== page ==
Campus News

A Wild Gift from the Creative Writing Faculty


Gianna Russo used visual aides to help emphasize her reading and draw the audience in.

Things got a little wild on Sept. 15. The Department of Language Studies and the Arts put on an evening of entertainment called “Wild Gifts” in TECO Hall. The event featured a number of talented writers from the creative writing faculty sharing original pieces with the audience.

The event provided an opportunity for the creative writing faculty to share their literary work with the Saint Leo students, staff, fellow faculty members, and the neighboring community alike.

“It is important to find time to come together in scholarship, entertain and inspire one another,” said Jennifer Orendorf, the administrator of events and special programs for the School of Arts and Sciences.

“Wild Gifts” also served as a means of publicizing one of the new MA programs offered by the department.

“We also want to continue to spread the word about our new MA program in creative writing. It is a low-residency program where students spend one week during the summer attending workshops, lecture, readings, etc. in class at University campus. For the rest of the program, they work individually with creative writing faculty online to complete their writing portfolios,” Orendorf said.

The readings included excerpts and poetry written and performed by Dr. Patrick Crerand, Ms. Gianna Russo, Ms. Brooke King, and Dr. Steve Kistulentz. Dr. Karen Bryant, instructor of music, introduced each speaker.

Crerand is a writing and literature professor at Saint Leo. His work has appeared in the “North American Review,” the “Collagist,” and “McSweeney’s Quarterly.”

Russo is the author of a full-length poetry collection, “Moonflower,” winner of the Florida Book Award Bronze Medal, the Florida Publishers Association Silver Award and an Eric Hofer First Horizons

Honorable Mention. Russo is also the founding editor of “YellowJacket Press,” which is currently the only publisher of poetry chapbook manuscripts in Florida.

King served in the U.S. Army, deploying to Iraq in 2006 as a wheel vehicle mechanic, machine gunner, and recovery specialist. Her work has been published in the “O-Dark-Thirty,” “War,” “Literature and Arts,” “Prairie Schooner,” and an upcoming essay in the Hudson Whitman Excelsior Press Anthology, “Retire the Colors.”

Kistulentz is the director of the Saint Leo Master of Arts in Creative Writing Program and an Associate Professor of English. He is the author of two collections of poetry, “Little Black Daydream” (2012) and “The Luckless Age” (2010), both of which have received numerous accolades. His short stories have appeared in many journals, including “Narrative Magazine,” “Quarter After Eight,” and the “Crab Orchard Review.” His narrative nonfiction—mostly on the subject of popular culture—has appeared widely in journals.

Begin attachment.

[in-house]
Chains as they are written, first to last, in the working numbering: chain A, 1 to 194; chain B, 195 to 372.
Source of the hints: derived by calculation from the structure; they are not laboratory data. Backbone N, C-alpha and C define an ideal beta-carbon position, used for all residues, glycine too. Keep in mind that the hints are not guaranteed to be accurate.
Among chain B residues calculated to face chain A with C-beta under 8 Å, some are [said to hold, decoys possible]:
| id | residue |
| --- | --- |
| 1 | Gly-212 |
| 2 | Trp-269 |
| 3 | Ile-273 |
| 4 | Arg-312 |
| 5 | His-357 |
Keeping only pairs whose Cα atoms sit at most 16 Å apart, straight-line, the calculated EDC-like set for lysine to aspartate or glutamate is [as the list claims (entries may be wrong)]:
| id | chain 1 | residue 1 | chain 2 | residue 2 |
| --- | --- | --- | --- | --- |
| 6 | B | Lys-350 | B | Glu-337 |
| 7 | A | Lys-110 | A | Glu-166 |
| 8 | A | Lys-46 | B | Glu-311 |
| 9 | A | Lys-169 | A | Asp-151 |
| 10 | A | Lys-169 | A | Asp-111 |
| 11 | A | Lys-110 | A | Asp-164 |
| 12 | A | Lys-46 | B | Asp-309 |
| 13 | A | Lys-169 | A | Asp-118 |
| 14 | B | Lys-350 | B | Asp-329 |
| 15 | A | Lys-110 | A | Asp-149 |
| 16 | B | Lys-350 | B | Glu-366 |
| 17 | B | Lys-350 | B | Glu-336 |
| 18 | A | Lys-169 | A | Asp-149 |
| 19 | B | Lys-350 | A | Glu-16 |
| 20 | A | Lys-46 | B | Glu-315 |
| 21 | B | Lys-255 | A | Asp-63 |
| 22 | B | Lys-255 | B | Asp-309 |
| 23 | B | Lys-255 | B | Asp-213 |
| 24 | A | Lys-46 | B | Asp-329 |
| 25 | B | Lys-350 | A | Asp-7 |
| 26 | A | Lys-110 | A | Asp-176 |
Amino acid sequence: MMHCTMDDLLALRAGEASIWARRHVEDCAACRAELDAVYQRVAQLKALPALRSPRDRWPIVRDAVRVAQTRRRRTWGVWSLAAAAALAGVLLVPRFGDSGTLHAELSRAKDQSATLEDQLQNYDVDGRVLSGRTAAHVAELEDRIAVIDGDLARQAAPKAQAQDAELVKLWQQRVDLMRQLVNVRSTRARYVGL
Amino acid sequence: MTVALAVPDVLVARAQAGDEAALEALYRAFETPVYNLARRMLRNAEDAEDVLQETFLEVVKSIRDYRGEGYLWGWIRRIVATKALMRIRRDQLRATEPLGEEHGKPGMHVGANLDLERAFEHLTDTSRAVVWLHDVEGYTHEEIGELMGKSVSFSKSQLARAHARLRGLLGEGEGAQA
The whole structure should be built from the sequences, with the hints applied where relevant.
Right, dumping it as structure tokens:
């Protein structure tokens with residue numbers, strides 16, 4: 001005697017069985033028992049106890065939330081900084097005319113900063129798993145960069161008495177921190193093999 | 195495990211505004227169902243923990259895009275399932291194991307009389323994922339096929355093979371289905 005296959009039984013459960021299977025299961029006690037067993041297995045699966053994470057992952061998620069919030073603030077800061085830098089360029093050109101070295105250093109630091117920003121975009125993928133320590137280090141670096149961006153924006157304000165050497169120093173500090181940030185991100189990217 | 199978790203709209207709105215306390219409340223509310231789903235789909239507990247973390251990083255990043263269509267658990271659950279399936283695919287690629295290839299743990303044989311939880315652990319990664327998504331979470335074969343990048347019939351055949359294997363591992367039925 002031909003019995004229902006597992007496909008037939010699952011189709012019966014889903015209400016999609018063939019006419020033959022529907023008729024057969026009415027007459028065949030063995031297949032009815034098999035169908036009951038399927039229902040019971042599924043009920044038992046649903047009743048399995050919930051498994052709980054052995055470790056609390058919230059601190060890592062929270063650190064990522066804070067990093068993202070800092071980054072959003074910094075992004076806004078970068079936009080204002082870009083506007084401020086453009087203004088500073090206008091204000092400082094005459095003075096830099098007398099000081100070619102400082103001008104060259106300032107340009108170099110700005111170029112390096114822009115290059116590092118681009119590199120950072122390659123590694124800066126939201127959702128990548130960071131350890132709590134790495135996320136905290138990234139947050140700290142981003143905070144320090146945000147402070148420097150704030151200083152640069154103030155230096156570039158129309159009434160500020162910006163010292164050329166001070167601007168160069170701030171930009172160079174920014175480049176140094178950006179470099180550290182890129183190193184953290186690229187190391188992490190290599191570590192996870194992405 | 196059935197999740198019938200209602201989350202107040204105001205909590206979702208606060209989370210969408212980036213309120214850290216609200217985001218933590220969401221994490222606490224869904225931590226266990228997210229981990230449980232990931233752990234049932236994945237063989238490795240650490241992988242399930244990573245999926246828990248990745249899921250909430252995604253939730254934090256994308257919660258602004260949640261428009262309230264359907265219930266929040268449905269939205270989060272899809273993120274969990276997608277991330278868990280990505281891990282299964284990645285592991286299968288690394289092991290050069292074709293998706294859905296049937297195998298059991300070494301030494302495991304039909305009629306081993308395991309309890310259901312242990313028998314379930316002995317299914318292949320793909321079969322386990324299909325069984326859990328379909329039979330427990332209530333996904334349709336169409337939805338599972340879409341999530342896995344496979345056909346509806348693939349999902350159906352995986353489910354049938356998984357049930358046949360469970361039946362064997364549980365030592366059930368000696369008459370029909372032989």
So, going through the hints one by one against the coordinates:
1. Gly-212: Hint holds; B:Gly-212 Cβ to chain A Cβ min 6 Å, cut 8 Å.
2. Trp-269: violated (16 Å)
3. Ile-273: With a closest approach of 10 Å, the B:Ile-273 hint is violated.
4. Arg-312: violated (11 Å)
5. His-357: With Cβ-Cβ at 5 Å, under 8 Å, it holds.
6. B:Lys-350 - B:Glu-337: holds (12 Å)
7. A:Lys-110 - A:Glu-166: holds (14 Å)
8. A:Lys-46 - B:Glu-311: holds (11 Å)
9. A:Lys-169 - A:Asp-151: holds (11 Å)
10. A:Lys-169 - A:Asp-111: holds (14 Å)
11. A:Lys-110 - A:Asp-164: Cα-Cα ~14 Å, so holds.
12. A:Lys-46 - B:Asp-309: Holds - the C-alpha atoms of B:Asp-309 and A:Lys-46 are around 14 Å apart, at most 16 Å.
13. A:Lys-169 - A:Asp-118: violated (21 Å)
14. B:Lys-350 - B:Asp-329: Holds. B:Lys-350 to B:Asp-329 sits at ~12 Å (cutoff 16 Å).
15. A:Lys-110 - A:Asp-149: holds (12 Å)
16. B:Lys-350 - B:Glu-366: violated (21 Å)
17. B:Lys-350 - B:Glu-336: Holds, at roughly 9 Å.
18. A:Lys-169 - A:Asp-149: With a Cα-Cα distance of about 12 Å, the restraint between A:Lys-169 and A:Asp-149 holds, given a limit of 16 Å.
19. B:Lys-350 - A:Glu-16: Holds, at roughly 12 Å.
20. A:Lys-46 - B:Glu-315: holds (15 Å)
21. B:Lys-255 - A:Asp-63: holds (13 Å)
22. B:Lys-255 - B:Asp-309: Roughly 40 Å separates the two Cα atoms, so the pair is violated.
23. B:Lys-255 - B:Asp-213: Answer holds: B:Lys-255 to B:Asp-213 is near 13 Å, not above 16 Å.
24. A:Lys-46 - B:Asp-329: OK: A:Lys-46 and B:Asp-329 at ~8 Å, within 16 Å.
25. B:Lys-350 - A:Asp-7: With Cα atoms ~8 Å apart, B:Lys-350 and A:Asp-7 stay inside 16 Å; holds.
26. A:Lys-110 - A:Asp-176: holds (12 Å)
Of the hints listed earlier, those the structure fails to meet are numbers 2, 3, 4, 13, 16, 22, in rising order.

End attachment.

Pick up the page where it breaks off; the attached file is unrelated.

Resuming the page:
The readings really seemed to draw the audience in. Everyone’s eyes were fixed on the speaker, and some guests even leaned in to focus more. They reacted with giggles and sighs according to the highs and lows in each reading. The faculty’s performance of their pieces was commended by many students.

Destiny Bayley, a sophomore and biology major said “I love how their stories and readings made me feel like I was within the writing. I especially liked how descriptive and humorous Dr. Crerand’s story was.”

According to Dr. Orendorf, “Everyone seemed to really be engaged. The feedback I’ve received is largely that people enjoyed themselves and were impressed with the variety of tone from one reading to the next. There was a great mix of humor and gravity, solemnity and lightheartedness among the works read. Dr. Crerand checked in with me yesterday with feedback from his students that attended Wild

Gifts Thursday night. One of his students said listening to the readings was ‘like seeing a movie’ which I think speaks to the ability of good writing to take you out of yourself and to another.”

The only minor detail that Orendorf would have changed, in terms of the event, was to create an opportunity for more of a dialogue between faculty and the audience after the readings. The Department of Language Studies and the Arts will be putting on more events like this in the future.

“Ms. Gianna Russo, Dr. Steve Kistulentz, and Dr. Pat Crerand are planning a trip to visit Newport News Center, Virginia in October to run a writers’ workshop there. We’ll continue to host events here at the University campus that highlight our faculty’s talents – perhaps once a semester – and we aim to meet the demand from the community where there is one. If people find value in taking time out to hear great stories, then we would like to continue to provide that for them,” Orendorf said.

If students are itching for another reading, then the upcoming “Literature for Lunch” event is the place to go. This event will be held on September 28 in TECO Hall, and will feature Maile Chapman, author of “Your Presence is Requested at Suvanto,”which received favorable reviews from New York Times Book Review.

“We had some great poets last spring, Terese Svoboda and Aja Monet. I was inspired after seeing each of them,” stated Orendorf.

With such a great turn-out of 52 audience members, the event was considered a success. Students are encouraged to be on the look-out for other upcoming creative writing events on campus and to consult members of the creative writing faculty for more information about the MA program.

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